Migrants are more than twice as likely to wear a face mask during the coronavirus pandemic than people born in Australia, government data has revealed.
While masks were now compulsory outside the home in Victoria, as part of a Stage Four lockdown, other states are only recommending people wear them when they cannot socially distance.
Australian Bureau of Statistics data, from before the second wave, showed about three-quarters of Australians had shunned the mask.
Those born in Australia were least likely to cover their faces in public, with just 20 per cent of them donning a face mask.
By comparison, 42 per cent of migrants have worn a protective facial covering, the ABS figures showed.
The numbers were collected in May, as each state gradually emerged from the first series of Stage Three lockdowns.
Across Australia, just 27.6 per cent confirmed they had worn a face covering during the month before the survey, official data showed.
In Victoria less than a third, or 31.2 per cent of respondents, had donned the protective wear.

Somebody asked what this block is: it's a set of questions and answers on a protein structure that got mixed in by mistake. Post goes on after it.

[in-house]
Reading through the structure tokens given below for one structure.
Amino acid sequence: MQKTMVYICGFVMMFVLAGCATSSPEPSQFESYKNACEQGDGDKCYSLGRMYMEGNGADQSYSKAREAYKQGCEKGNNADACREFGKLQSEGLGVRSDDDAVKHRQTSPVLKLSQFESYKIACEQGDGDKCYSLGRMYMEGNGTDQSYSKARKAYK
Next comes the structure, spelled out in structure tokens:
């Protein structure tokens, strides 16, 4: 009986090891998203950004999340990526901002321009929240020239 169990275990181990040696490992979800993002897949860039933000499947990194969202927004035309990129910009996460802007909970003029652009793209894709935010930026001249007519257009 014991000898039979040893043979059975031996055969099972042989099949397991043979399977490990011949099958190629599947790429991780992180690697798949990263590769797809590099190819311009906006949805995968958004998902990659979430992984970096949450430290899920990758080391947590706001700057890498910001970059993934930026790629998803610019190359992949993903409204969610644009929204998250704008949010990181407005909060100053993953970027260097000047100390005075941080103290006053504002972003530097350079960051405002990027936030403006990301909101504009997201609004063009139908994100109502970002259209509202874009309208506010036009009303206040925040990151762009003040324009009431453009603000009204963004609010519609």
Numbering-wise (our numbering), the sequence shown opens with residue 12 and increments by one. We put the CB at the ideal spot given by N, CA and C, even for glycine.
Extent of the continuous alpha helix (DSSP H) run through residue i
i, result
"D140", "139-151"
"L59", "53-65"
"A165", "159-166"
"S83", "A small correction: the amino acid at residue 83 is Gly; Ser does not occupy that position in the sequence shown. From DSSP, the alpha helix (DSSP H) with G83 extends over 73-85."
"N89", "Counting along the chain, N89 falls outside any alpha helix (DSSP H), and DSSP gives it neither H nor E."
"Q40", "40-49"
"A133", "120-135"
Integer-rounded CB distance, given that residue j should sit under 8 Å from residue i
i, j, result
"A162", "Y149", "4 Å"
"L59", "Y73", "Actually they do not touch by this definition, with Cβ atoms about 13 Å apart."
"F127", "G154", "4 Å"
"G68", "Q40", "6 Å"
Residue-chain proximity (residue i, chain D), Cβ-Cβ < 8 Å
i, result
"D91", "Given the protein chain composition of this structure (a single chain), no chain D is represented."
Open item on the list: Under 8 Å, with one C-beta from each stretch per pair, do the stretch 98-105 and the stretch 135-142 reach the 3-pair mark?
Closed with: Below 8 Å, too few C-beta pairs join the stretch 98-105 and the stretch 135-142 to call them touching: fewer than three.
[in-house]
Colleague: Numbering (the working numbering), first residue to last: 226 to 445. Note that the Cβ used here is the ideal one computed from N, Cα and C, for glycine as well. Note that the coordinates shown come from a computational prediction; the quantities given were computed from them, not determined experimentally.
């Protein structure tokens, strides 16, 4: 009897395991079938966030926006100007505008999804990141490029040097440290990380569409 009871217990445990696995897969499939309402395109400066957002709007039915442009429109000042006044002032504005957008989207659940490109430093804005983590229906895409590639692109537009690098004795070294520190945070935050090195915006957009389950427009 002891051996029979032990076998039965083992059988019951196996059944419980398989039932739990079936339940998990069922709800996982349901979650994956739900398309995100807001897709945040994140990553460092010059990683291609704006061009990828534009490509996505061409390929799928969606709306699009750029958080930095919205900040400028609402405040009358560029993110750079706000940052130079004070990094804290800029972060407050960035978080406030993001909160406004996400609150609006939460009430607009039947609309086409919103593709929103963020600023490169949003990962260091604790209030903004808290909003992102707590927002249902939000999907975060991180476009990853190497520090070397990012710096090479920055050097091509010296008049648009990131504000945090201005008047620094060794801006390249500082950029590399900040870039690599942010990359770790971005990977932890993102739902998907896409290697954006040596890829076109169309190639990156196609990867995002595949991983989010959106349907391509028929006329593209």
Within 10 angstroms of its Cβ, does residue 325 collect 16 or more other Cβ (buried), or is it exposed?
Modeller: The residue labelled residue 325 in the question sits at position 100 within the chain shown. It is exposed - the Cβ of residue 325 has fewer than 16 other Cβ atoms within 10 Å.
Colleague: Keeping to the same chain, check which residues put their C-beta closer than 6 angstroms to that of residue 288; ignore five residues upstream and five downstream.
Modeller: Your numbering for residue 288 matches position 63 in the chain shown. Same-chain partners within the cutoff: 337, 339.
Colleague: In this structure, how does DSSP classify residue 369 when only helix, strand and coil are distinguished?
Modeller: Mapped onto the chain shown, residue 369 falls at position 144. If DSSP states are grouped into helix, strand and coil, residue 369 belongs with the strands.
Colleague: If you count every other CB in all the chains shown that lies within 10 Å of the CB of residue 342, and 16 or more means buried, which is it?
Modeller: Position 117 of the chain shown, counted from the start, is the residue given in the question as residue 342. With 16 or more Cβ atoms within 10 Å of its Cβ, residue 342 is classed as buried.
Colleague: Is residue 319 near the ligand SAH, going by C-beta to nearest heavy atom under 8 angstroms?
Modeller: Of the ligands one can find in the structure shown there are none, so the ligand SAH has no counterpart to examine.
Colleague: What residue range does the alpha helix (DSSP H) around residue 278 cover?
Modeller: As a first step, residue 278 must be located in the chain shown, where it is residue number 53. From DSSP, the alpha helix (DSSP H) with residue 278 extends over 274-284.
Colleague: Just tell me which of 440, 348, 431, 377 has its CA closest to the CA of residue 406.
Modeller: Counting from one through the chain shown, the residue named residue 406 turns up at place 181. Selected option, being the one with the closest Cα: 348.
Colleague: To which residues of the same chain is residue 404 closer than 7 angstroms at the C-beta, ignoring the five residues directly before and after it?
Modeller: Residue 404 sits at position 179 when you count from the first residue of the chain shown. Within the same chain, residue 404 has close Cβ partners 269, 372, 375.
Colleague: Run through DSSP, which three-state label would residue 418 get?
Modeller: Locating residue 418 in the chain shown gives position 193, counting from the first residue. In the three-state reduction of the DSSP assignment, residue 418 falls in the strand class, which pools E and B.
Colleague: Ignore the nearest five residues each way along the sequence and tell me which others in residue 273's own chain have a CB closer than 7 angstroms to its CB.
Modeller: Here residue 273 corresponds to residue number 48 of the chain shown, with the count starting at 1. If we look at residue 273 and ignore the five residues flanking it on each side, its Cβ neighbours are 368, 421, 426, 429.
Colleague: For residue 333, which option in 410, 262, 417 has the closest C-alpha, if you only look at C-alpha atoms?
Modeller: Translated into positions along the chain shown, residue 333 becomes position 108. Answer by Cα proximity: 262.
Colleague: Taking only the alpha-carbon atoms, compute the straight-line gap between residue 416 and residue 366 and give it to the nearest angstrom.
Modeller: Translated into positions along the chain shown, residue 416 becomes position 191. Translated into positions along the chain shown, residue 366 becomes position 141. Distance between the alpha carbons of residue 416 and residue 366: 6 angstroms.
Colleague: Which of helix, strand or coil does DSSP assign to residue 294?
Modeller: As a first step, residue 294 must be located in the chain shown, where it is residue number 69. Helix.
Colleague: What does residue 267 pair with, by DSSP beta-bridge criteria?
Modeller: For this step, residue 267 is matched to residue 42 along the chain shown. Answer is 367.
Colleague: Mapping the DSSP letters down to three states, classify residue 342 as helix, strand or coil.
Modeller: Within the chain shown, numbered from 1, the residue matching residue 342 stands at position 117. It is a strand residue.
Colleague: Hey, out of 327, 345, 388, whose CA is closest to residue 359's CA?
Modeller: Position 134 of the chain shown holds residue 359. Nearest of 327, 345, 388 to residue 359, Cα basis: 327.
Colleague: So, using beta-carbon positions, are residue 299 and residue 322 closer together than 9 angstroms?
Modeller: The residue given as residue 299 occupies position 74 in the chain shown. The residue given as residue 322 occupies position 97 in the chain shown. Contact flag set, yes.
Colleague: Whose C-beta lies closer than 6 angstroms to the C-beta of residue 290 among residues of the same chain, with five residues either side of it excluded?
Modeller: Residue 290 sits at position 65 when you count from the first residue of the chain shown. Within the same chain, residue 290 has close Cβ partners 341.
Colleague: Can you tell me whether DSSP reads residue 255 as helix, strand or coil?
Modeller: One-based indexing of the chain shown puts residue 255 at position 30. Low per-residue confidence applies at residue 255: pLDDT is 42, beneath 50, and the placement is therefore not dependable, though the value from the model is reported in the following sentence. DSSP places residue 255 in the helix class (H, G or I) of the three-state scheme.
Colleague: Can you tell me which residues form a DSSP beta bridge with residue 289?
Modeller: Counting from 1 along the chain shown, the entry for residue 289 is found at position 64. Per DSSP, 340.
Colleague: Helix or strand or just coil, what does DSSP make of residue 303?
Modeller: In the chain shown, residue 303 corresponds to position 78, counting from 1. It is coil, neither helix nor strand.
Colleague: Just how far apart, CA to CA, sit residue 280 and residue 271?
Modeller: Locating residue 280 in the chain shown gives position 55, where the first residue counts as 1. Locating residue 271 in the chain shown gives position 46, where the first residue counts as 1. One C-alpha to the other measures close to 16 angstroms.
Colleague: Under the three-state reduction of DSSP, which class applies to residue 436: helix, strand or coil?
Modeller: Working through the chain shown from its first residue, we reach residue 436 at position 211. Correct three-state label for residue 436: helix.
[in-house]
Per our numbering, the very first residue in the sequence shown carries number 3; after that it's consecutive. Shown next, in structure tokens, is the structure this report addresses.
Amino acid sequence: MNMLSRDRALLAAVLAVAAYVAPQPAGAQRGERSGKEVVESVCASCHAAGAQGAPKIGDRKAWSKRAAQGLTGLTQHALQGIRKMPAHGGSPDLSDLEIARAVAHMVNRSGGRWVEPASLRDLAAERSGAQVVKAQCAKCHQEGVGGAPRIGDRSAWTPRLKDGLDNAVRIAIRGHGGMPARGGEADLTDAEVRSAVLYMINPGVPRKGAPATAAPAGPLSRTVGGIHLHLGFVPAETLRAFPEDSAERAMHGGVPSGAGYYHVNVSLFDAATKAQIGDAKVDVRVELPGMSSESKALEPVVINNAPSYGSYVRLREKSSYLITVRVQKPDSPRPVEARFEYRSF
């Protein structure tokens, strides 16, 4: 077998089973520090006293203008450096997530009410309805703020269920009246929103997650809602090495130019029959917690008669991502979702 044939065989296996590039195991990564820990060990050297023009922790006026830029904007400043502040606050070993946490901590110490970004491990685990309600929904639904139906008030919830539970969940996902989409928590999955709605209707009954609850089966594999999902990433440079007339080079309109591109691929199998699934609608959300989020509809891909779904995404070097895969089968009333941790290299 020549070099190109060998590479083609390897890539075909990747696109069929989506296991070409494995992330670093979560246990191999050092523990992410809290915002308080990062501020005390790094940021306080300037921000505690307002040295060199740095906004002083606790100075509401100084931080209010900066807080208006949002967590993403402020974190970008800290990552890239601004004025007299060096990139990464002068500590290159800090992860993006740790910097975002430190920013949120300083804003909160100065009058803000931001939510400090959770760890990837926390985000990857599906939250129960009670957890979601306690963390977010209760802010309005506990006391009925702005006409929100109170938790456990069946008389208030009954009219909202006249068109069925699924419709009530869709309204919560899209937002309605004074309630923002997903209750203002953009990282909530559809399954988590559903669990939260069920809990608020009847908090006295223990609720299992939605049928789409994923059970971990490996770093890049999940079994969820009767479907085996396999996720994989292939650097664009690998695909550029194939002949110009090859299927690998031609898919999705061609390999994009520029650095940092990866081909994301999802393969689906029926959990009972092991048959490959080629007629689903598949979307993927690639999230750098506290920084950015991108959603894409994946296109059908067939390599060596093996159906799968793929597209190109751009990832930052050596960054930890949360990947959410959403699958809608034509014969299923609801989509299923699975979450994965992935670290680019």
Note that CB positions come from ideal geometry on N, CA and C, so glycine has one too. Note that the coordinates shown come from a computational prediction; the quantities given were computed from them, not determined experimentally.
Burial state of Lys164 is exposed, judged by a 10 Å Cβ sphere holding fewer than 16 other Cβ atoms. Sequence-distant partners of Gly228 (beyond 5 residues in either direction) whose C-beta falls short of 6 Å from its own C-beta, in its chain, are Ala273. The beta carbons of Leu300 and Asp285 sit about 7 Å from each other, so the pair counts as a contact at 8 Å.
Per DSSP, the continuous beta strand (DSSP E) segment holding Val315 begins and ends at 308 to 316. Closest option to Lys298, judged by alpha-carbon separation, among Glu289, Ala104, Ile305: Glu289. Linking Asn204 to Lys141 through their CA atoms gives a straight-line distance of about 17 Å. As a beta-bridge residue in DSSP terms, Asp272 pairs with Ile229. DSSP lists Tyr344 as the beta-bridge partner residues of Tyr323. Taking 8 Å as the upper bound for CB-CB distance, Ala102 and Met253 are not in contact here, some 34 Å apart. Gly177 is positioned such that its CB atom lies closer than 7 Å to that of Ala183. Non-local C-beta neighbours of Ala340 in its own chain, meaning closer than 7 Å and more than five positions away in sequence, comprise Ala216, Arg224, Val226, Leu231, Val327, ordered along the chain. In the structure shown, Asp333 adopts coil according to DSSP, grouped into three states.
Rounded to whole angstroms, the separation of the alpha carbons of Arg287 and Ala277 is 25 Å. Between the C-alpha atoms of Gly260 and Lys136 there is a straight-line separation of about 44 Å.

That was even lower than the 34.2 per cent figure for New South Wales.
Since the ABS survey was taken, Victoria introduced $200 fines for those who breached public health orders by leaving home unmasked.
Melbourne had been the home of most anti-maskers, including self-described psychic Lizzy Rose who caused a scene at a Bunnings hardware store by refusing to obey the rules.
She even made a video of herself burning face masks declaring: ‘We the people do not consent to these draconian laws.’
Migrants are also taking precautions in other ways with 62 per cent of them avoiding public transport compared with just half, or 49 per cent, of those born in Australia.
When it came to being careful, 95 per cent of all Australians had practised social distancing, with three-quarters avoiding public spaces.